California Supreme Court holds employee can sue recruiting agency client even after settling same claims against agency


July 1, 2022

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Decided on June 30, 2022

Grande v. Eisenhower Medical CenterS261247

Yesterday, the California Supreme Court ruled that an employee who brings a class action lawsuit against a recruiting agency and executes a settlement agreement releasing the agency and its agents can bring a second class action lawsuit against the agency’s client to recruitment on the basis of the same violations.

Background: Lynn Grande was assigned to a nursing position at Eisenhower Medical Center by FlexCare, LLC, a temporary help agency. Grande filed a class action lawsuit against FlexCare, alleging it was underpaying its employees. The parties reached a settlement and signed a release of claims.

Eight months after the court approved the settlement and issued its judgment, Grande filed another wage and hour class action lawsuit, this time against Eisenhower. Grande’s claims against Eisenhower were based on the same violations for which she sued FlexCare.

FlexCare decided to intervene in this follow-up case, arguing that Grande was barred from suing Eisenhower because she had settled her claims against FlexCare in the earlier case. The trial court and the Fourth District Court of Appeals disagreed. The Court of Appeals ruled that Grande was not barred from suing Eisenhower because she was neither a released party in the first case nor related to FlexCare. The court expressly objected to the Second District’s decision in Castillo vs. Glenair, Inc. (2018) 23 Cal.App.5th 262, 266, which held that a class of workers could not “sue a staffing firm, settle that suit, and then bring identical suits against the company where they had been placed to work.”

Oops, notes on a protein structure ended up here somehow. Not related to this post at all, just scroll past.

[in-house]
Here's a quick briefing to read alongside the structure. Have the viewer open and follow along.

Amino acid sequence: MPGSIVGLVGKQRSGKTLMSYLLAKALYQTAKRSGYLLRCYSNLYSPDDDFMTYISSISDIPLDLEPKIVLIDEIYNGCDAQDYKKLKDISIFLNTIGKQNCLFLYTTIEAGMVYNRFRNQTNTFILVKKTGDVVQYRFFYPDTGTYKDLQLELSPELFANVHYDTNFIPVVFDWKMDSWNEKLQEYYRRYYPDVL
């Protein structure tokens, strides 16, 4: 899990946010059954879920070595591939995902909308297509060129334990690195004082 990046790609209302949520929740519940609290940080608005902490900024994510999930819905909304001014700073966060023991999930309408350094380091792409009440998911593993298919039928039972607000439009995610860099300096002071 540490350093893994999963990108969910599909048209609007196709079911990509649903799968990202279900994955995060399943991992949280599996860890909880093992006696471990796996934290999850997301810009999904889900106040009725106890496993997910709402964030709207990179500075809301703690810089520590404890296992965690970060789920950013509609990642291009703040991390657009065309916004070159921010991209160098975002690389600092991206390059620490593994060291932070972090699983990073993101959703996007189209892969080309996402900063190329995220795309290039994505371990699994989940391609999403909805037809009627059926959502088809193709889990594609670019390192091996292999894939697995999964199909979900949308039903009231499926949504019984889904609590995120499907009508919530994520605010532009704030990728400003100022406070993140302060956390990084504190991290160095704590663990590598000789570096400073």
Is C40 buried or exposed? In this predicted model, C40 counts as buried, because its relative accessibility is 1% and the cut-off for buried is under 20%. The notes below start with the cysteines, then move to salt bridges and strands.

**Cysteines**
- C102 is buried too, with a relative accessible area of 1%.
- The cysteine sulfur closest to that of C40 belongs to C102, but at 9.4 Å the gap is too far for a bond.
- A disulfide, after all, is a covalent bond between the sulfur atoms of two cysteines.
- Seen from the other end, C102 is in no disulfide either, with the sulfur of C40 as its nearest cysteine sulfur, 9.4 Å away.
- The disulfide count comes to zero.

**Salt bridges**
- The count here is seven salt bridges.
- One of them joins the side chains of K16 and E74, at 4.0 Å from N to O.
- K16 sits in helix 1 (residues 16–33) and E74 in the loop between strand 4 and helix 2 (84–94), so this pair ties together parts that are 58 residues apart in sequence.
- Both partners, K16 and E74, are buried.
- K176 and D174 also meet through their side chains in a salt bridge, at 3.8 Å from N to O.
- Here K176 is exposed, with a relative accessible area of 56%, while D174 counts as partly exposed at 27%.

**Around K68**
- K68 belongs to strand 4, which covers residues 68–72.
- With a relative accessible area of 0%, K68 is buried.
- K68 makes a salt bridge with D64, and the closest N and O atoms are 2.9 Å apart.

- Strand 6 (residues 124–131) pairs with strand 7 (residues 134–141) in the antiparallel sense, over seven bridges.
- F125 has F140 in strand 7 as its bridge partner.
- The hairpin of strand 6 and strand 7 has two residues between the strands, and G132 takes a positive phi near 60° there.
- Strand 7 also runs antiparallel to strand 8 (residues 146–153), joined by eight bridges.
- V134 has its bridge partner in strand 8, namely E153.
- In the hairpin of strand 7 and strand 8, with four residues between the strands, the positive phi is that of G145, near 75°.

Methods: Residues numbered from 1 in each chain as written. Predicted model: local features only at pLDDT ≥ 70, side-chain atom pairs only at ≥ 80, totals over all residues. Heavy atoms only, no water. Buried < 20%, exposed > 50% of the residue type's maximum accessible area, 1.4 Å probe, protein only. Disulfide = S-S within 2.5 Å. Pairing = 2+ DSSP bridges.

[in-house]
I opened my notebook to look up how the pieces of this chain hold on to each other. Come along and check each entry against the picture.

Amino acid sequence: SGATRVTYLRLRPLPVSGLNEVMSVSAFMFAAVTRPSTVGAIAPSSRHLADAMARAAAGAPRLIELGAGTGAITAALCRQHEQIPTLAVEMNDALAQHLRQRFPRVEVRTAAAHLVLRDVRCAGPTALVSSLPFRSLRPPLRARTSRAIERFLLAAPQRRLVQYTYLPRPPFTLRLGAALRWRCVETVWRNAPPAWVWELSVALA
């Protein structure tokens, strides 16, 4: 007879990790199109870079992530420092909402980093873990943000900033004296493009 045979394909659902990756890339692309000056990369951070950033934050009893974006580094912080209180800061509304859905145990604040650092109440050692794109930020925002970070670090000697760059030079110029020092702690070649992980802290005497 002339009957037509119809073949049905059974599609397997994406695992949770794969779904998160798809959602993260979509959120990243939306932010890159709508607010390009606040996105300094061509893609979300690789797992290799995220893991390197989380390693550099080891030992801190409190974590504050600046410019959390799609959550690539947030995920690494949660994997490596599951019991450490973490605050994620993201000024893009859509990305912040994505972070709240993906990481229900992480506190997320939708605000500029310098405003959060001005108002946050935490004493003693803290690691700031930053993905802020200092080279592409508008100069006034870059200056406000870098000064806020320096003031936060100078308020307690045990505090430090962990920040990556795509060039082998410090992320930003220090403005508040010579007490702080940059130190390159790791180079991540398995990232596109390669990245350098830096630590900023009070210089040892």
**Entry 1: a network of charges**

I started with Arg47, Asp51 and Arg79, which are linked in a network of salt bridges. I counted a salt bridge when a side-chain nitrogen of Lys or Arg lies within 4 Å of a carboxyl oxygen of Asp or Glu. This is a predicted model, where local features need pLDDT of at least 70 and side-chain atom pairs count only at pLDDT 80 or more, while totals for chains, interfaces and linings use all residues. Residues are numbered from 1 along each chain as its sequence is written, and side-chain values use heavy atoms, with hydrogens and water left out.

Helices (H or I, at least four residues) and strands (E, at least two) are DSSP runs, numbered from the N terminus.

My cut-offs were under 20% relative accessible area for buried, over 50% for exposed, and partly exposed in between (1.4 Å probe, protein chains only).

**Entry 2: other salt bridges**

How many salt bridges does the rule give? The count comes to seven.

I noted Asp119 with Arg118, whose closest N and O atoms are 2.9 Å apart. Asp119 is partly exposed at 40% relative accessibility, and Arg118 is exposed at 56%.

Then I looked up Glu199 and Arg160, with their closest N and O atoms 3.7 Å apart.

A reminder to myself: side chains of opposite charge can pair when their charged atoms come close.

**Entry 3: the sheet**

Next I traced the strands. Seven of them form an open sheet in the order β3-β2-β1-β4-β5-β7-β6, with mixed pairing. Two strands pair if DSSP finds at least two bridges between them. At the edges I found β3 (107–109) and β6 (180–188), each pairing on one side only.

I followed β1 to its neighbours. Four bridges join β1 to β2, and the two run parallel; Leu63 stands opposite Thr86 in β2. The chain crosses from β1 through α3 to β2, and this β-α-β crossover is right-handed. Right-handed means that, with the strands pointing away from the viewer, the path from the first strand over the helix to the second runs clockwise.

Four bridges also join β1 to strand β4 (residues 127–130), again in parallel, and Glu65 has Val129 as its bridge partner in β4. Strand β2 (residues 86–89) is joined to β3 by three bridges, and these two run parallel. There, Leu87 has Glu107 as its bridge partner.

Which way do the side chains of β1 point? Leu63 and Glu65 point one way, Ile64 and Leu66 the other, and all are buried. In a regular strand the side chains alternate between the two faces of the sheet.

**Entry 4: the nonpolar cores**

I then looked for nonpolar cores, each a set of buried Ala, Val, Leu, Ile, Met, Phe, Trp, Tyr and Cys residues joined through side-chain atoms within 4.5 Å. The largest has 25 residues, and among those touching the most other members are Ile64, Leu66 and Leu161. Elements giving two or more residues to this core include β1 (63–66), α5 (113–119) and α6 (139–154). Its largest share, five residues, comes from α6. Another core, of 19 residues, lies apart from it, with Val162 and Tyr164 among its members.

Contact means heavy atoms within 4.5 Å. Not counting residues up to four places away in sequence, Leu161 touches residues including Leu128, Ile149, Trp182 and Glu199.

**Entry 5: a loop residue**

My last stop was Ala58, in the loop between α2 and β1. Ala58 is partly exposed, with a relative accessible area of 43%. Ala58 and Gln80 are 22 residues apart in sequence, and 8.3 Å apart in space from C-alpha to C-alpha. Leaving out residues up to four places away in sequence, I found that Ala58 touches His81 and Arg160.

Publish: Can an employee bring an employment class action lawsuit against an employment agency, settle the case and release the agency and its agents from liability, and then bring a second class action lawsuit based on the same alleged violations against the client of the placement agency?

Court attire:

Yes, on the facts of this case. The settlement agreement releasing FlexCare did not name Eisenhower or otherwise suggest it was meant to include Eisenhower. FlexCare was also unrelated to Eisenhower, not least because Eisenhower would not have been bound by an unfavorable judgment in the first case against FlexCare. As a result, Grande was not prevented from asserting the same claims against Eisenhower in a second case.

Although the release in the settlement agreement between a nurse and her staffing agency does not include the hospital where she worked, “future litigants may specify that their releases extend to clients of the staffing agency – if that result is desired.

Chief Justice Cantil-Sakauye, writing for the Court

What this means:

  • The Court said its decision on the scope of the settlement agreement was “fact and case specific,” but also cast doubt on “the broader notion that a client is an ‘agent.’ of an employment agency. »
  • When drafting settlement agreements, employment agencies and other employers should consider specifically naming any relevant clients, or at least including “clients” among those released, as the Court’s opinion preserves the employers’ ability to “clarify that their releases extend to employment agency clients – if that result is desired.

The Court’s opinion is available here.

Gibson Dunn attorneys are available to answer any questions you may have regarding developments at the Supreme Court of California. Please feel free to contact the following Practice Leaders:

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